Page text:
The Fight for Eminent Domain Reform in California Continues

John Kabateck
NFIB State Director in California

As we make the transition from one year to another, one cannot but hope the future holds great promise for both personal and professional endeavors.  One also reflects on the past.  Families mark the doorjamb with a notch to track the growth of children.  Small business owners look over the books to measure the product of their blood, sweat, and tears.

It is hard to imagine losing all that to a natural disaster, but even more so to the government elected by voters to protect our rights.  But many California homeowners and small business owners find themselves facing that reality.

In 2007, the California Legislature responded with ACA 8 that did not protect small businesses or homes, leaving them at the whim of local government.  The National Federation of Independent Business (NFIB), and a coalition, including Howard Jarvis Taxpayers’ Association, lobbied successfully for the defeat of fake reform and it never made it off the Assembly floor.  

NFIB, along with the California Hispanic Chambers of Commerce and California Black Chambers of Commerce, support true eminent domain reform as proposed in the California Property Owners & Farmland Protection Act.  Statewide surveys show more than 67 percent of people support an eminent domain reform ballot initiative – Republicans, Democrats, Independents, business owners and homeowners, seniors and baby boomers all support this initiative.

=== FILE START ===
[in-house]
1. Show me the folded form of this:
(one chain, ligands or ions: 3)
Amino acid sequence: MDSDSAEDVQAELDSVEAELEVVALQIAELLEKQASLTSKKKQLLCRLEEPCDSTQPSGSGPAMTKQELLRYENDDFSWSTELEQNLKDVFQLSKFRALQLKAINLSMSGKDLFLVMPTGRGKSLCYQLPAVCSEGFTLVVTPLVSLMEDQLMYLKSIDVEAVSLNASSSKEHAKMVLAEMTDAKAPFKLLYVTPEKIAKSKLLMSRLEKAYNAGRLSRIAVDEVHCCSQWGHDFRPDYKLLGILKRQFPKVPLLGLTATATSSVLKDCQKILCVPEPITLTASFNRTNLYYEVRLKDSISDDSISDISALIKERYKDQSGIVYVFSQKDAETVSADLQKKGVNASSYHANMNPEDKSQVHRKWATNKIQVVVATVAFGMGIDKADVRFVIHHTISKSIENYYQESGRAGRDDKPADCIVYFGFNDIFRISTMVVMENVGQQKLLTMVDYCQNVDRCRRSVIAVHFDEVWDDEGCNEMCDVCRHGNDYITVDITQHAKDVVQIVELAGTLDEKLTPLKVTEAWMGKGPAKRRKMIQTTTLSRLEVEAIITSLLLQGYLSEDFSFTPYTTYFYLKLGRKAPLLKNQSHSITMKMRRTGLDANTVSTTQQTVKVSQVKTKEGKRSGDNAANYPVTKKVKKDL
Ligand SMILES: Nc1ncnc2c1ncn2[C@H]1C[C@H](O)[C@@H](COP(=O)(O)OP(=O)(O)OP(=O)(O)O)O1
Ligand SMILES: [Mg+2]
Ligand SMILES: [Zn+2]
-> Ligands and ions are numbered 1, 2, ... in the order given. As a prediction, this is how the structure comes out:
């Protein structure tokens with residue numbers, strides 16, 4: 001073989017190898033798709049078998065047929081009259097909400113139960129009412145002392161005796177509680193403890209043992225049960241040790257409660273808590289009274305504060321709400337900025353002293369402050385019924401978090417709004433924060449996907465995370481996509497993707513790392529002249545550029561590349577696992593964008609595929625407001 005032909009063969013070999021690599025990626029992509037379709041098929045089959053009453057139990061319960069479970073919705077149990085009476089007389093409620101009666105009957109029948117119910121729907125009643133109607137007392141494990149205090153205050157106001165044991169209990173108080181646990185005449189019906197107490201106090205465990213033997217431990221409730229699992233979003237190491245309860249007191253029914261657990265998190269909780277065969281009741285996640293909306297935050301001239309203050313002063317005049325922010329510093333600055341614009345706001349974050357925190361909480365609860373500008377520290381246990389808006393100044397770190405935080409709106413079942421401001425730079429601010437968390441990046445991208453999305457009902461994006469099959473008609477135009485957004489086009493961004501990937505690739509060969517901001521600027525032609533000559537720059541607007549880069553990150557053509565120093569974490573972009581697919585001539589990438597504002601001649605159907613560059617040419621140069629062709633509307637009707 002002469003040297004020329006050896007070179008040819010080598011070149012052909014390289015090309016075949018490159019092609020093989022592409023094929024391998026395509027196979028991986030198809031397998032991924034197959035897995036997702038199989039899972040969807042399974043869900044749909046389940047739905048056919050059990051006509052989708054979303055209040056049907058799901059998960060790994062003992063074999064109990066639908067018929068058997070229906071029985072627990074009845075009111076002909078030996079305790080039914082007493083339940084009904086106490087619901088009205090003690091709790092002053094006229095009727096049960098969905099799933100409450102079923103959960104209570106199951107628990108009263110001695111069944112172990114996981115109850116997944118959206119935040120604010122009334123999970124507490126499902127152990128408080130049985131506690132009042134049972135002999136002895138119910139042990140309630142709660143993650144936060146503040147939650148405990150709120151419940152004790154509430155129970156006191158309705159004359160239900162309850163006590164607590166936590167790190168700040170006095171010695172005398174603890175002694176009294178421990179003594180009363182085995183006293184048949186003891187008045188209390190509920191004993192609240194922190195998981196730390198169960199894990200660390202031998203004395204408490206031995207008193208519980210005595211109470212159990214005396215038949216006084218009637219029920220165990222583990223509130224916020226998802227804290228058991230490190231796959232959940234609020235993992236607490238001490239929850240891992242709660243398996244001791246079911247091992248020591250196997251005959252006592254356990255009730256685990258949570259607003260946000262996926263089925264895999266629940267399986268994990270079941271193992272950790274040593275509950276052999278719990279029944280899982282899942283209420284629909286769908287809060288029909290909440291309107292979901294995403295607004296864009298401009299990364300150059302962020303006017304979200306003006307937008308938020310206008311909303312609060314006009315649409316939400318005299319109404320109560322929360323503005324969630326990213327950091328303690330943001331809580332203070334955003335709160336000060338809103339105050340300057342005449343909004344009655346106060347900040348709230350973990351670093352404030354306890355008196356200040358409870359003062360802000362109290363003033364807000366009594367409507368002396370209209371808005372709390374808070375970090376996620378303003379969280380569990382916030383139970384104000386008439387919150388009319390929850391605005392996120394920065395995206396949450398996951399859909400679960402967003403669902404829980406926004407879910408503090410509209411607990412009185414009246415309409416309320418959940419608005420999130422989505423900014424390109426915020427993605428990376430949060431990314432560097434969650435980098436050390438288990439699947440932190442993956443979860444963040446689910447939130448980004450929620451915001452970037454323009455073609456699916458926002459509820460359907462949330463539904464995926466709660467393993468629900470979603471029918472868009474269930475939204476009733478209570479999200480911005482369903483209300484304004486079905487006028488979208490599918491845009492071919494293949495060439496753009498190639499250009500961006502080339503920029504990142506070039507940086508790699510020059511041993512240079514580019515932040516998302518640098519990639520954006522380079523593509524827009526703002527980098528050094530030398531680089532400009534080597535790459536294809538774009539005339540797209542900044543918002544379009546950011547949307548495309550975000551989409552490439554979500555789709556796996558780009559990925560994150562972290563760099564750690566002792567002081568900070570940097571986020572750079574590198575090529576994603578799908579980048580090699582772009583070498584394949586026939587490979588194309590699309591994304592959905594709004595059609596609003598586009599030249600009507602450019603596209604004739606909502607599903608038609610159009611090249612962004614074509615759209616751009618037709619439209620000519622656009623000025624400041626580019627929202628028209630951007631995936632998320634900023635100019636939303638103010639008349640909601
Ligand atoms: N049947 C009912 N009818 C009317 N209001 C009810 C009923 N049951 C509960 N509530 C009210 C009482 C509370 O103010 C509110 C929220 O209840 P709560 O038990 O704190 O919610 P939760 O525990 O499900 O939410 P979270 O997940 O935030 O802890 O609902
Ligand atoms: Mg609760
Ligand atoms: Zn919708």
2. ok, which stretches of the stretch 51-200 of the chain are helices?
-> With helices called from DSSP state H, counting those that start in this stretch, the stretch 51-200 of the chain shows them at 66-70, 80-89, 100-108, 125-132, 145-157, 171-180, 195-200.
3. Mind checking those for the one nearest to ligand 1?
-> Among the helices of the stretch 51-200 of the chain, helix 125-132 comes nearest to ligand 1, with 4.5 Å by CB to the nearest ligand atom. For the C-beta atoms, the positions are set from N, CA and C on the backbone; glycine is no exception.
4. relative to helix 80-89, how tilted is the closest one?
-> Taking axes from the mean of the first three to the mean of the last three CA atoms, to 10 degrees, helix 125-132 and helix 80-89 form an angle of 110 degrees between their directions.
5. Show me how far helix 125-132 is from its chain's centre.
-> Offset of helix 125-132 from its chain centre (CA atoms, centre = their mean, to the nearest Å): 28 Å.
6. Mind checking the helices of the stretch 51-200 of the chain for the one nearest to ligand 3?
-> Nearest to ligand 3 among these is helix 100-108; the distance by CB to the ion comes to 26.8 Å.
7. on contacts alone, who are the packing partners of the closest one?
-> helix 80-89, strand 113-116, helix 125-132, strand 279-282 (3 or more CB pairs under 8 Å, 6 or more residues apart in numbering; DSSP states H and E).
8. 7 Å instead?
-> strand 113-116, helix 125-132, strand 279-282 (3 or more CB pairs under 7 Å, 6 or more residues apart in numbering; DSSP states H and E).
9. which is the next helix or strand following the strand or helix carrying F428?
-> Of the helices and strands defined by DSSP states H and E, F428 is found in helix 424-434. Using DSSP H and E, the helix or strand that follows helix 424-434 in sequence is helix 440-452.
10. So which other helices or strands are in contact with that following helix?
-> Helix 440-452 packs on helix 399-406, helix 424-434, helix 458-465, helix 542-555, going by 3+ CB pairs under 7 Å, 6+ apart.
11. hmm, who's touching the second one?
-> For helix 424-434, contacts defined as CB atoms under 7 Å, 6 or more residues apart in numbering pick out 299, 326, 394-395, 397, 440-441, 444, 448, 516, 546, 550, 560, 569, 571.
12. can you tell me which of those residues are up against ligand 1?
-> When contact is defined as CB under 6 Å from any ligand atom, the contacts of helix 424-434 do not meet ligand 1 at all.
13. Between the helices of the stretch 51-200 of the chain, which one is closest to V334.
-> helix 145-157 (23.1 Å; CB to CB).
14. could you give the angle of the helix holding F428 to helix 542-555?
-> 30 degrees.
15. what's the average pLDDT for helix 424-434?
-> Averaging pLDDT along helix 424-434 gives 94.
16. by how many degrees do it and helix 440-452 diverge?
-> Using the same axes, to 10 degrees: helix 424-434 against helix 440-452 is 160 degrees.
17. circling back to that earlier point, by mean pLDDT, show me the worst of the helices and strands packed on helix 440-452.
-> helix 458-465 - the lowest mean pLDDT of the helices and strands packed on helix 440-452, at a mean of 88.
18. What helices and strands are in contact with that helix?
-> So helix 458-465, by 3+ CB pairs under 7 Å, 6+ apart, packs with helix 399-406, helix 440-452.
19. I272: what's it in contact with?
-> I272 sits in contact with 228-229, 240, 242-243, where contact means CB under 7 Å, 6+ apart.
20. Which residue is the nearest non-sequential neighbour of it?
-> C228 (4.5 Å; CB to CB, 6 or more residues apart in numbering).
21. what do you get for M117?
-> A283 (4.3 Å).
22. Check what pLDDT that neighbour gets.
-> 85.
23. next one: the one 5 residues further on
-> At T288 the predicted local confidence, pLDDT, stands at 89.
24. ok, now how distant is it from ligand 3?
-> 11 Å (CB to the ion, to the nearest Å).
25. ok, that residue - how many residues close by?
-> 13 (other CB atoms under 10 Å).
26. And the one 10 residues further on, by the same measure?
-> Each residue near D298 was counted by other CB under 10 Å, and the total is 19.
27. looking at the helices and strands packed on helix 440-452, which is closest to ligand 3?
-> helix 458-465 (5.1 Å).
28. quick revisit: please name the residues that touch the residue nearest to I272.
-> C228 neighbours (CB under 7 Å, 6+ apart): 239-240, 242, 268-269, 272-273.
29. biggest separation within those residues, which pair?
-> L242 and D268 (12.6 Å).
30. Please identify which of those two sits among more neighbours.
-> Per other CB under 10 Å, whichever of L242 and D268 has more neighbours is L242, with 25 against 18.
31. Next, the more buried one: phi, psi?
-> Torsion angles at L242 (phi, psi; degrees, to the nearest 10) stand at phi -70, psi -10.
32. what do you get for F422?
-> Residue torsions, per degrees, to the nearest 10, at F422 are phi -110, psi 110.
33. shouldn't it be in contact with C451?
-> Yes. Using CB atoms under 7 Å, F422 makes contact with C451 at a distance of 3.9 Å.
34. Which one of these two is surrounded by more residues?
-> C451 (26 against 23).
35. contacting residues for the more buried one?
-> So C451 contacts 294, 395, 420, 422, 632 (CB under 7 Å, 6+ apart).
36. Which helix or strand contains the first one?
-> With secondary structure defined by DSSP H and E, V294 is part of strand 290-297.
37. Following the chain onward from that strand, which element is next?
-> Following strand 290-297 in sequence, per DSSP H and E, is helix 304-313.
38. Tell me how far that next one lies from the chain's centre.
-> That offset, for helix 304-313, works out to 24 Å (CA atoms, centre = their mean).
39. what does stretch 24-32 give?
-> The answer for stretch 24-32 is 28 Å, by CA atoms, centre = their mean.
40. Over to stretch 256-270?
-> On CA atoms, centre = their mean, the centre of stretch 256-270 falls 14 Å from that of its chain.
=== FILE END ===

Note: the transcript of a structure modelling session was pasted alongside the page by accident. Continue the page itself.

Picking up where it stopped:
Key provisions in the initiative:

  • Private property may not be taken by eminent domain for private use under any circumstances (i.e. to build a shopping center, auto mall or industrial park).
  • Property may be taken by eminent domain only for public use (i.e. freeways, parks, schools, water projects).
  • Family farms and open space are protected from seizures by government for the purpose of selling the natural resources.
  • If a public agency takes property under false pretenses, or abandons its plans, the property must be offered back to the original owner at the original price and the property tax would be assessed at the value when it was originally taken.
  • If farmers or business owners are evicted by eminent domain, this initiative would entitle them to compensation for temporary business losses, relocation expenses, business reestablishment costs and other reasonable expenses.


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